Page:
What a morning! Moorings recovered after 4 years!

Lucy, my cabin mate, has worked by the CTD half of the night so she is
fast asleep in the bunk bed below me when I sneak out and head up to the
bridge just before seven. It’s a beautiful morning. Scattered ice floes
around us, and a few ice bergs by the horizon – but the people on the
deck are more interested in the screens than in the view. Svein, a
colleague from Bergen, comes over and lets me know that they’ve seen on
the “fish-finder”. “It” is the mooring I deployed here four years ago,
and I’m utterly relieved to hear that it is still here! There are so
many things that can go wrong when you deploy moorings in Antarctica –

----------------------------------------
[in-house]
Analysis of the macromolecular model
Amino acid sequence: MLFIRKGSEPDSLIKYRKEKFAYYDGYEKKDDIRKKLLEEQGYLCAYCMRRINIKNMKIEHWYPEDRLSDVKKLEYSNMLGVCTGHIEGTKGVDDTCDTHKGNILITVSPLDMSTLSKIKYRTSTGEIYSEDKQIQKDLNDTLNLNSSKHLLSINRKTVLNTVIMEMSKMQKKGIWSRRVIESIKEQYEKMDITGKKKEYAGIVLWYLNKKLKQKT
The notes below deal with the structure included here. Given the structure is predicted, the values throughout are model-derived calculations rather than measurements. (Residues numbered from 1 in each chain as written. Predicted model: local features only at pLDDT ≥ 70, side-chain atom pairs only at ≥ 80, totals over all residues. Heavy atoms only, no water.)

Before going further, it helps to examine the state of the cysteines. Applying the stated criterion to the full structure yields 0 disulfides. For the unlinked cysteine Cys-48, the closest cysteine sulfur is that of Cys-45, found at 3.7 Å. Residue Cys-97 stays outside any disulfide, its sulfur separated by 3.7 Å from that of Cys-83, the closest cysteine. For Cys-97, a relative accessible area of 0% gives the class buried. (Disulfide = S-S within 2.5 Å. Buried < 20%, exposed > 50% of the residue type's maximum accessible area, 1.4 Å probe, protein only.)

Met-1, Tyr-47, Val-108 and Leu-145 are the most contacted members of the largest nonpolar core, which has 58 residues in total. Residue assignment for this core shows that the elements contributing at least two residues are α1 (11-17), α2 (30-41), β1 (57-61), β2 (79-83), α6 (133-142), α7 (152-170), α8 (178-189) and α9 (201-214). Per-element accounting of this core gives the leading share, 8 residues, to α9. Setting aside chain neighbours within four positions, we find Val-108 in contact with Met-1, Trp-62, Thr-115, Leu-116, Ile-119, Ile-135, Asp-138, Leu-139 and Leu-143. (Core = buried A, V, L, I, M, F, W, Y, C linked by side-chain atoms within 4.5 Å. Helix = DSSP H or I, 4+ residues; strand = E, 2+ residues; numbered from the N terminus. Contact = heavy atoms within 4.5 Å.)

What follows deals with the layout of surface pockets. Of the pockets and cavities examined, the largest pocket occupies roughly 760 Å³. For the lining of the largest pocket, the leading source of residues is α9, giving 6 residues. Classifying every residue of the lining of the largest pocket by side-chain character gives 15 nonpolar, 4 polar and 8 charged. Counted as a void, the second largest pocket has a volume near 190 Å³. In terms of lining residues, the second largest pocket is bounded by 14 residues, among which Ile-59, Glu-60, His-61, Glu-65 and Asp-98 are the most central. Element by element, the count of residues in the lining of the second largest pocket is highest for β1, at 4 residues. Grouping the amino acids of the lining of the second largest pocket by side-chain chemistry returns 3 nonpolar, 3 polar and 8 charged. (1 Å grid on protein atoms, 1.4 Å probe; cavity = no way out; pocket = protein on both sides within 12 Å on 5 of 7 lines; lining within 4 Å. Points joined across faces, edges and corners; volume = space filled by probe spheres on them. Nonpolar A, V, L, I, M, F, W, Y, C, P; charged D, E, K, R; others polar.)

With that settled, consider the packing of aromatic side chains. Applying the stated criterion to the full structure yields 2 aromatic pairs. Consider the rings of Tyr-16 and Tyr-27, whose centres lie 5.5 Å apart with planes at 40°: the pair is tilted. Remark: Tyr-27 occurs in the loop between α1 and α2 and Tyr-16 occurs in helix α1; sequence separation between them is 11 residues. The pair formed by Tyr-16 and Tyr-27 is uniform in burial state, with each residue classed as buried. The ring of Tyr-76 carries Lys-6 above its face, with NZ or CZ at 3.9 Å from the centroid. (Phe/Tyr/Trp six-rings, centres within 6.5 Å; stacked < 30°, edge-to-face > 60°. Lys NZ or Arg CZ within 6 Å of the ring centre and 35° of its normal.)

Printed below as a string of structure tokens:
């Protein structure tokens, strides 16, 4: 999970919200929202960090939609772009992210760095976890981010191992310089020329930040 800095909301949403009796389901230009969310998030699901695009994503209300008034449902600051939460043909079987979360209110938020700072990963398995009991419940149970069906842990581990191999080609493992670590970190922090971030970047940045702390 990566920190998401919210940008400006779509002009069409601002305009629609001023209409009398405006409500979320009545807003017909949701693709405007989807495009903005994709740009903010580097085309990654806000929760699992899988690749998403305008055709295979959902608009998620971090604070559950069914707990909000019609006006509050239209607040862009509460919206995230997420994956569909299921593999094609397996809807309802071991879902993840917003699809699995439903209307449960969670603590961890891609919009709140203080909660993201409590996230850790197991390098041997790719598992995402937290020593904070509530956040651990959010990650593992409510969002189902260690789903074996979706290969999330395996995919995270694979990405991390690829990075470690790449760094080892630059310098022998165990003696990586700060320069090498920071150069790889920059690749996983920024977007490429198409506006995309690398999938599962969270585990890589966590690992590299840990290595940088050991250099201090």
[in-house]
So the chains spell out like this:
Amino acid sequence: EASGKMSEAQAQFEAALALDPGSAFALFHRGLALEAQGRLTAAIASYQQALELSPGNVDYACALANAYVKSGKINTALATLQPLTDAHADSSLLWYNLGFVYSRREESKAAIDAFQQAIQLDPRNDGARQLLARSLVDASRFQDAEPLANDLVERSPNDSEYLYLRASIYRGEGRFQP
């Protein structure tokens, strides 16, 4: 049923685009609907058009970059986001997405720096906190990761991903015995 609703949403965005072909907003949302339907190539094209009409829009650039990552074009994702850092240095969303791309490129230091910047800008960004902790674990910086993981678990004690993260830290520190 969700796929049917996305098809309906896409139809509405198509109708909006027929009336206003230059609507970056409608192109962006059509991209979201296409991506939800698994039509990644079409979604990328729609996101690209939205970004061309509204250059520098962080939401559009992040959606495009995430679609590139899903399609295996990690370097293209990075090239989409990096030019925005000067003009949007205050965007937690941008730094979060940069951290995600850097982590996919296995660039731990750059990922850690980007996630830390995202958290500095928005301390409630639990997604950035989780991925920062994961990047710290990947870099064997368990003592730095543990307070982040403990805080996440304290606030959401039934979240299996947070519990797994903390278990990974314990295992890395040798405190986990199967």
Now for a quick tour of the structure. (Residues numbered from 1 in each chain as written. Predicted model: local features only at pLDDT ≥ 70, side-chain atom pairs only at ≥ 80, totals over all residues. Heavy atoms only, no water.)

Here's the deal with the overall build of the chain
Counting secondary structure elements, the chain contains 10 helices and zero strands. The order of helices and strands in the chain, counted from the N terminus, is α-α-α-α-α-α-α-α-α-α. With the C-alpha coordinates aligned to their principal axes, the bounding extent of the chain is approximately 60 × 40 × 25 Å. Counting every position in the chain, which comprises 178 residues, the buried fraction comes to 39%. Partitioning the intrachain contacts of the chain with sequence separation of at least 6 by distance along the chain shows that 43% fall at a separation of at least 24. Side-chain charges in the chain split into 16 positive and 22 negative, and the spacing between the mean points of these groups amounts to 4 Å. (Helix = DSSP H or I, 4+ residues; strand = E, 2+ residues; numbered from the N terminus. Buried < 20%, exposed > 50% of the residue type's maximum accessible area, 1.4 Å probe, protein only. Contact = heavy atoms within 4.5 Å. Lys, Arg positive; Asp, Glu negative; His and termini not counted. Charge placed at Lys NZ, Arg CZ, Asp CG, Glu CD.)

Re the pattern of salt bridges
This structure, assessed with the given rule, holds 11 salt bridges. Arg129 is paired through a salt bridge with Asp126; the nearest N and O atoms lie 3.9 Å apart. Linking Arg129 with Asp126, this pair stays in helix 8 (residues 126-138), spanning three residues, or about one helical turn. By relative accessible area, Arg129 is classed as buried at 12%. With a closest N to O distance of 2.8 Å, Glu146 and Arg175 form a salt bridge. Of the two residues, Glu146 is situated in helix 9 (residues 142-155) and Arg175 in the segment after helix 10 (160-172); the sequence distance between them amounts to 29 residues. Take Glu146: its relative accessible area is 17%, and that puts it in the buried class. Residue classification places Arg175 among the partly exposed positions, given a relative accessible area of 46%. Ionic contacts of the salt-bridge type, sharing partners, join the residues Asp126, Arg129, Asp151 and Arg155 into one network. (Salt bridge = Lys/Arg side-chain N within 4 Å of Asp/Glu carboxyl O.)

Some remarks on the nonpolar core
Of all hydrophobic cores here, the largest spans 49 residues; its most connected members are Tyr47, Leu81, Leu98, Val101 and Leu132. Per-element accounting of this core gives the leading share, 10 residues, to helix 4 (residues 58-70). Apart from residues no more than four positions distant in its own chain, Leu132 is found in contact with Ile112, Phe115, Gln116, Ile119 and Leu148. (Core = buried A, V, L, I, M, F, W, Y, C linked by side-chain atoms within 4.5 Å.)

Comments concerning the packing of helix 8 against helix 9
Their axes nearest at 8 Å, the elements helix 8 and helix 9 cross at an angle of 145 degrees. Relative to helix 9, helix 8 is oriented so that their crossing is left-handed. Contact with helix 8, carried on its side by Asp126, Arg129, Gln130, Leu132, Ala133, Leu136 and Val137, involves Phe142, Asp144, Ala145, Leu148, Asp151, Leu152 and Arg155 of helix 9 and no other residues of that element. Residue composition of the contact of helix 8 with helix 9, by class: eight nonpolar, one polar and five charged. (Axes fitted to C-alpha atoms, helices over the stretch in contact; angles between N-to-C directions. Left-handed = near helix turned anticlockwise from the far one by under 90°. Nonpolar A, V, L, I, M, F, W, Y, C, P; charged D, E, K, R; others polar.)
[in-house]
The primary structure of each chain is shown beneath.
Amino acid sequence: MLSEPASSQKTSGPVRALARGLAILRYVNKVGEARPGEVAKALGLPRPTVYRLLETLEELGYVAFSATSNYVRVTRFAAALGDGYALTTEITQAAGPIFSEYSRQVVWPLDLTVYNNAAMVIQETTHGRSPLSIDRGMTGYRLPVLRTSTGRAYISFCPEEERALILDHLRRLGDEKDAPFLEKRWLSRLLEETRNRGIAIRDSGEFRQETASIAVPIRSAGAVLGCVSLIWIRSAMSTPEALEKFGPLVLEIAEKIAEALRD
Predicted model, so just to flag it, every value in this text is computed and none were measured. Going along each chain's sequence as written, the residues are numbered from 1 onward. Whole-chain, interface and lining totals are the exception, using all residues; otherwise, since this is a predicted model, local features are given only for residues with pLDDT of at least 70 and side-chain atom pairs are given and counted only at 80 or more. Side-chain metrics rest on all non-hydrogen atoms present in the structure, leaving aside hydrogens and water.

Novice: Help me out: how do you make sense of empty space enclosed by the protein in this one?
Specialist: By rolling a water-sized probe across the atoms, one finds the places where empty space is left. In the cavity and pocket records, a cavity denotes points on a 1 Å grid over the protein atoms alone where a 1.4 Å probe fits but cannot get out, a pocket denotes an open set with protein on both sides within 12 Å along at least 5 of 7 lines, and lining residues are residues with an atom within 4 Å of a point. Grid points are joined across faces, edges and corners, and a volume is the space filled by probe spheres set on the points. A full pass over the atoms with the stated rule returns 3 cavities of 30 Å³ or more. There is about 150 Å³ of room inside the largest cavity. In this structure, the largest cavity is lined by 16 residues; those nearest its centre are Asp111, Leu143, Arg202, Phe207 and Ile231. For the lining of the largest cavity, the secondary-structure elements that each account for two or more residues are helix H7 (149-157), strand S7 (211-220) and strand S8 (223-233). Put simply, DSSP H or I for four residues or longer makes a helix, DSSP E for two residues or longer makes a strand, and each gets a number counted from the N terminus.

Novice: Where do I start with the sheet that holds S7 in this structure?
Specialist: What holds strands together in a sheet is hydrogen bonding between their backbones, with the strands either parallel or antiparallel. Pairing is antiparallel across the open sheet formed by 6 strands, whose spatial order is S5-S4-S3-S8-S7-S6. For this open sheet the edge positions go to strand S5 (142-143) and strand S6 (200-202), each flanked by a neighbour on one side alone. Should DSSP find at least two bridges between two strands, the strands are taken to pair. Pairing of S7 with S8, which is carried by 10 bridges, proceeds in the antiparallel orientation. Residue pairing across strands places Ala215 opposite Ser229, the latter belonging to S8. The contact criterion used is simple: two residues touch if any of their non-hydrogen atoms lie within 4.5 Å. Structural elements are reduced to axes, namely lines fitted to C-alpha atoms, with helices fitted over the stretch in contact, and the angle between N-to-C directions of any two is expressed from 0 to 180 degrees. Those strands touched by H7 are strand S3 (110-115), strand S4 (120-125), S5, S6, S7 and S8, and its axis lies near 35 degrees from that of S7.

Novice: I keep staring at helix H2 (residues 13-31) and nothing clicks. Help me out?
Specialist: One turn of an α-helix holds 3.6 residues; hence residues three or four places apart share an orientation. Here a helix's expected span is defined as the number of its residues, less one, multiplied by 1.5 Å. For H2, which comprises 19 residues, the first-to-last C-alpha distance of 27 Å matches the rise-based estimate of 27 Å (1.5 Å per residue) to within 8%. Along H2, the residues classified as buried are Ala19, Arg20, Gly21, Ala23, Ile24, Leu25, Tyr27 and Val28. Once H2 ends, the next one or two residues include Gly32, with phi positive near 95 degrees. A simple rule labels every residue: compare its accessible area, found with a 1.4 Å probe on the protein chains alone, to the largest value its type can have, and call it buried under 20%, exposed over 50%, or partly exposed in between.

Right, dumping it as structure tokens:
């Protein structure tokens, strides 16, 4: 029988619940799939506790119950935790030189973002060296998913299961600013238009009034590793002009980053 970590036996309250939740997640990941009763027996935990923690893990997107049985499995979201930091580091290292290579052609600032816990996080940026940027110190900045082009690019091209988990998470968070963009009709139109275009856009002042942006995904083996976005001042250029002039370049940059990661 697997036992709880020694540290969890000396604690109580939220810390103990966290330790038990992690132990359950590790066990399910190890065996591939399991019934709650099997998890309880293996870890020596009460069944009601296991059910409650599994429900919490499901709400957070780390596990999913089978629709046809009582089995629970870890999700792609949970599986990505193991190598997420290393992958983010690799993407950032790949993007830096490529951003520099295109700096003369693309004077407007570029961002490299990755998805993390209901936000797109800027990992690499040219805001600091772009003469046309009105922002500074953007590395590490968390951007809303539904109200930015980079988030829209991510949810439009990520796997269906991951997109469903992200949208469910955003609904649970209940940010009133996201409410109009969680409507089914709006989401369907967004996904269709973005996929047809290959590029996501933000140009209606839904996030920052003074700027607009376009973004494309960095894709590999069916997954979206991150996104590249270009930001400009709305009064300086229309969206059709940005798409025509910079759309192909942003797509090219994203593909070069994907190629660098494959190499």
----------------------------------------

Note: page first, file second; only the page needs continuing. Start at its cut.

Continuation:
especially when you have to wait four years before you can pick it up!
When  the captain finally arrives, he glances out at the ice and gives
the permission to “release”. A few commands on a computer – and an
acoustic signal is sent out telling the “acoustic release” on the
mooring to drop the anchor. A few minutes later there are a couple of
orange buoys mingling with the ice floes a few hundreds of meters in
front of us.

Two orange floats that made my day!
Finally back in safety on board after four years in the water!

Two hours later, everything is on deck and the ship is streaming on to
the next station. I’m not sure what is happening there – but I know what
I’ve got to do. I’ve got four years of data to download, but first I’ve
got to wash away four years of biology that has colonized my
instruments!

Ninja inspecting four years of biological colonization.

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